Many students at Westminster College enjoy recreational activities in the Central Wasatch Mountains but some aren’t aware of the Mountain Accord and how the future planning will affect transportation, resources and recreation in the range.
According to Mountain Accord’s website, planning will benefit current and future generations by establishing an in-depth framework that provides long-term protection of the region’s water, lands, recreational opportunities and economic prosperity.
Despite the impact Mountain Accord would have on the Wasatch, not all students are aware of what the agreement does to their backyard.
“I have heard people talk about Mountain Accord in my class and no one seems to have any idea what it is,” said Molly Karasick, a Westminster junior communication and Spanish double major from New Jersey. “All I know is that it is a group of people trying to preserve the Wasatch mountains from overdevelopment.”
Prominent figures in the Mountain Accord coalition suggest students and young individuals need to get involved in the planning process to let their voices be heard.
“It is really important that students and young people have a voice in the Mountain Accord’s future efforts,” said Laynee Jones, Mountain Accord’s program director. “We can structure our planning with students’ input in mind. They are the future and we do not have enough of their input.”
Students from all over the state, country and world choose Westminster College because of its proximity to the Central Wasatch Mountains, which allows students to pursue their passions for outdoor recreation while obtaining a college education.
“I don’t see myself being able to have that experience at many other colleges,” said Karasick, who said she came to Salt Lake City for her education and the ample amount of outdoor recreation opportunities available.
Though many members of the Salt Lake community didn’t grow up in Utah, they said they recognize the area’s uniqueness and find the Central Wasatch Mountains worth protecting.
“I am really passionate about the Central Wasatch Mountains,” said Jones, who said she holds a neutral position on the Mountain Accord. “That’s why I moved here from Texas. I feel like this place is pretty special.”
The Mountain Accord is comprised of stakeholders and activists who want a say in the Central Wasatch Mountain’s future.
“We are a coalition of government and private entities, local advocacy groups, federal agencies and the Forest Service who have come together to compromise, negotiate and agree on a future for the Central Wasatch Mountains,” Jones said.
The future of the Central Wasatch Range has also concerned individuals outside of the Mountain Accord, such as Eric Trenbeath, a freelance journalist and Forest Service Utah Avalanche Center avalanche forecaster from the Moab region. Trenbeath said he has been following the Mountain Accord process since it started in 2013.
“[Mountain Accord] has been working to limit development in watershed areas and set aside a lot of terrain for wilderness and national conservation area designations,” Trenbeath said.
Mountain Accord wants to limit the expansion of ski resorts’ base areas and contain economic development, Trenbeath said. Ski resorts, which are large stakeholders in the Wasatch, have swapped high-alpine land for land closer to the base of the resort where development would be permitted.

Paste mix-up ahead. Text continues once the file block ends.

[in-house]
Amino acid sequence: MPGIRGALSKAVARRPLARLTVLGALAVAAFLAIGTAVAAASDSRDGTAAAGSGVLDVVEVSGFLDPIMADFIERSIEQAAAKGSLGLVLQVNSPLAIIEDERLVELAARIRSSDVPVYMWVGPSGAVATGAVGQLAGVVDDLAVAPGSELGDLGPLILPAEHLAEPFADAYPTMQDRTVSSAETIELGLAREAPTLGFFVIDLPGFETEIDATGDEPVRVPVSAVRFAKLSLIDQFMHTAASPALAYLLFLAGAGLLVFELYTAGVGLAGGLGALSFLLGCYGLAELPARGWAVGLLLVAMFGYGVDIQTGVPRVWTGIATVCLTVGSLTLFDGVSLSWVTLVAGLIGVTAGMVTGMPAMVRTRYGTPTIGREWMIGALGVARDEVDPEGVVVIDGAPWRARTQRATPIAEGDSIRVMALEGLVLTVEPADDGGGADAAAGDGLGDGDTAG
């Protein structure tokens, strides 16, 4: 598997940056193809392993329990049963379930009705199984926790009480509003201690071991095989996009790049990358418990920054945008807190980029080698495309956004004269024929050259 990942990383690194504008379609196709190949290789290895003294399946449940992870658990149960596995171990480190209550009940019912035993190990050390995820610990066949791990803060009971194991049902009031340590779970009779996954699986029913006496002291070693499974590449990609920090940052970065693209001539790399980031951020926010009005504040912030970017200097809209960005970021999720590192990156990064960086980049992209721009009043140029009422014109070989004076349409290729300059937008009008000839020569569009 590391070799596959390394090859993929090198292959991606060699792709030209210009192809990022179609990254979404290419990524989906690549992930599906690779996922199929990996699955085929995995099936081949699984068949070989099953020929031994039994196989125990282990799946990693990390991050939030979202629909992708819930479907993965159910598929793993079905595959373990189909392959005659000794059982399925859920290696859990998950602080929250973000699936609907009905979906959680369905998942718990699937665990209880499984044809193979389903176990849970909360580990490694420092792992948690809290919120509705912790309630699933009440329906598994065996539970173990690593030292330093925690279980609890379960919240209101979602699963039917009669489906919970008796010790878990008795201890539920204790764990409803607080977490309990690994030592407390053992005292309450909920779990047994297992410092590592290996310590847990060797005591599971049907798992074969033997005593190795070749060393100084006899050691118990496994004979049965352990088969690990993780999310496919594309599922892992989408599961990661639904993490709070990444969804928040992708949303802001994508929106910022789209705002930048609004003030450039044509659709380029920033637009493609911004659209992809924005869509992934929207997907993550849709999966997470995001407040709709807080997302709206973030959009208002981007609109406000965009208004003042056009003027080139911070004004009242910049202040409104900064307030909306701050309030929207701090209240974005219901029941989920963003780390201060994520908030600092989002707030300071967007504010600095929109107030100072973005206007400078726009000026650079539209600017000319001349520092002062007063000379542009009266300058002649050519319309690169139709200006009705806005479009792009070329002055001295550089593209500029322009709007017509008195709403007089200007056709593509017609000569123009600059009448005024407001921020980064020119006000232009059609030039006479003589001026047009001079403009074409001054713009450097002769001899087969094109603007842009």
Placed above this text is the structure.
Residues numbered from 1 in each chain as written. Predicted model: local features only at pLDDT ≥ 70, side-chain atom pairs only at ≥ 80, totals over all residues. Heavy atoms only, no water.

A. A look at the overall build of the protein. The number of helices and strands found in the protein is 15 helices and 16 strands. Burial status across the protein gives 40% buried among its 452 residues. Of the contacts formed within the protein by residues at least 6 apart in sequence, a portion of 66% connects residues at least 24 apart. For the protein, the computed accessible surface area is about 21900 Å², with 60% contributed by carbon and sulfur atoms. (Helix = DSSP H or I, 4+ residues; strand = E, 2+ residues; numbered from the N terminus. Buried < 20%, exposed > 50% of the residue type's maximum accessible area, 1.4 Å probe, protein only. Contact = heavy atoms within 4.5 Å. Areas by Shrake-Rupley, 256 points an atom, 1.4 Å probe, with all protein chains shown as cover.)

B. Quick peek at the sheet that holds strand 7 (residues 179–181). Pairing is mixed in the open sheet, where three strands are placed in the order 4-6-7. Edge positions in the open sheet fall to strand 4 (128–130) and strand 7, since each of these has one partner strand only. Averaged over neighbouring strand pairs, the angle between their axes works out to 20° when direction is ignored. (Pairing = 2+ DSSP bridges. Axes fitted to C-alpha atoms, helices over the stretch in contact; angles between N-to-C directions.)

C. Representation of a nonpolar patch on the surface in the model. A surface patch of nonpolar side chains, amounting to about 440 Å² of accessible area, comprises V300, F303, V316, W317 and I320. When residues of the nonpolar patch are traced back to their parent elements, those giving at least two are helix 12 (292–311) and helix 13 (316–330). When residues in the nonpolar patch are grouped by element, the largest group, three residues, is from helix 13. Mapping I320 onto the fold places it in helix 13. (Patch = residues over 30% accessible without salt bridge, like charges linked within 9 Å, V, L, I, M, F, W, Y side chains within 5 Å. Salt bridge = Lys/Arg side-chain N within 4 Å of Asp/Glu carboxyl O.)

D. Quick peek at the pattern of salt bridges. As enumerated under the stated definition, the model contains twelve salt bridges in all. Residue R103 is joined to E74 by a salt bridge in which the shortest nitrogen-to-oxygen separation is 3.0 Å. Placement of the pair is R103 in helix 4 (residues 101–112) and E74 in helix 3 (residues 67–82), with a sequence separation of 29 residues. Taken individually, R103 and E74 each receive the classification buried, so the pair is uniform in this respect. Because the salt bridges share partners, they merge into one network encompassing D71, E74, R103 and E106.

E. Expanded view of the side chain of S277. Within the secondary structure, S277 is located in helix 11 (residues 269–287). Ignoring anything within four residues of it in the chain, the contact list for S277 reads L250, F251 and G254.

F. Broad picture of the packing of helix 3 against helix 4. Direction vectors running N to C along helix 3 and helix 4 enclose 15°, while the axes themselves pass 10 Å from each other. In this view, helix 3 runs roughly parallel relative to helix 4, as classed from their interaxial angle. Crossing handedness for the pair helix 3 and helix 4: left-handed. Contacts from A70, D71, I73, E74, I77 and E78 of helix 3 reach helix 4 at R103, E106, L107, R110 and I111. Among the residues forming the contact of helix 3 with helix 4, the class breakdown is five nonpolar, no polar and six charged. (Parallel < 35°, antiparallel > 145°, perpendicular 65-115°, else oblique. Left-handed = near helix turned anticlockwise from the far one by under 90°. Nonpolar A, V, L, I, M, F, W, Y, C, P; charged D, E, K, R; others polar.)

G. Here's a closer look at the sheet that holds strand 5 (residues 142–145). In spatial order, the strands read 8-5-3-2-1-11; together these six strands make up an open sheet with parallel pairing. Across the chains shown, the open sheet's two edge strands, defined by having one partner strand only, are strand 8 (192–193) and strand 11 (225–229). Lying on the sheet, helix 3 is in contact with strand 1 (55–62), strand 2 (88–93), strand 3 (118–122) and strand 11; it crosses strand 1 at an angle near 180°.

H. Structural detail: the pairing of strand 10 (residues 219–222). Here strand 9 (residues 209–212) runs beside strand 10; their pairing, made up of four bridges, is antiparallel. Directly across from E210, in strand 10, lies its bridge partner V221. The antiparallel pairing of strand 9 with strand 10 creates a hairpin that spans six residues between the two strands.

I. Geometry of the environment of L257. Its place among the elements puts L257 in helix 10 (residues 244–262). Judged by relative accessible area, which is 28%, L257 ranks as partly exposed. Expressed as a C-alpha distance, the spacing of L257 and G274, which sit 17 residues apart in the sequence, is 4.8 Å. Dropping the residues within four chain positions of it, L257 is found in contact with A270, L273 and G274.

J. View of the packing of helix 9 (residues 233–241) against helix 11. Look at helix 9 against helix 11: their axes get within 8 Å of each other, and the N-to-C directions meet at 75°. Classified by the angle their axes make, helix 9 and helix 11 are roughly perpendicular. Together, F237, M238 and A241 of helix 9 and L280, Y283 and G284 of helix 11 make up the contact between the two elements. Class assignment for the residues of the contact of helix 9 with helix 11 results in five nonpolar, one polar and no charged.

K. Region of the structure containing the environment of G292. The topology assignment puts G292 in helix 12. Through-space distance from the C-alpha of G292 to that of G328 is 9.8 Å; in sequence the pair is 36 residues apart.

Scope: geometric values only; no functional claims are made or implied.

“I have a glass half-empty perspective on the matter and stakeholders involved but am happy that Mountain Accord has a plan and is taking initiative,” said Greg Gagne, a computer science professor at Westminster College. “Good planning will limit how bad things will get.”
Plans to preserve land for recreational purposes could be the only option to ensure the longevity of these opportunities for future students at Westminster College and the growing population, according to Gagne.
“The valley is not getting any smaller, “Gagne said. “More and more people are moving here.”
According to Utah’s state website, Salt Lake County’s population has increased 2.7 percent in the past decade and is expected to double by the year 2030.
“You can have a professional job and have access to incredible public lands and recreation without living the ski bum life,” said Gagne, who moved to Salt Lake City from Vermont in pursuit of that lifestyle.
Gagne said he has watched the number of recreational enthusiasts increase in the Central Wasatch over the past few years and does not see that changing anytime soon, which he said is the reason the Mountain Accord is important.
The Salt Lake Valley provides access to the outdoors and professional job opportunities like few places in the country. Some students come to Salt Lake City, specifically Westminster College, in pursuit of that lifestyle.
“I came to Westminster to ski and employ my love for the outdoors through the community that exists here [in Salt Lake],” said Alex Mager, a senior from Minnesota who works as a brand manager for RedBull.
Mountain Accord will affect more than the outdoor enthusiast in the Central Wasatch. The ski bum, the desk worker, the CEO and the student will also be affected.
Jones, the program director for Mountain Accord, said the planning process lacks the voice of the student population — the future of the Central Wasatch Mountains and surrounding valleys. Students who share their voice and passion of the Central Wasatch Mountains with Mountain Accord have the ability to preserve the legacy of the Salt Lake Valley and Central Wasatch Mountains for generations to come, Jones said.
Editor’s note: Andy Nassetta works for the Utah Avalanche Center.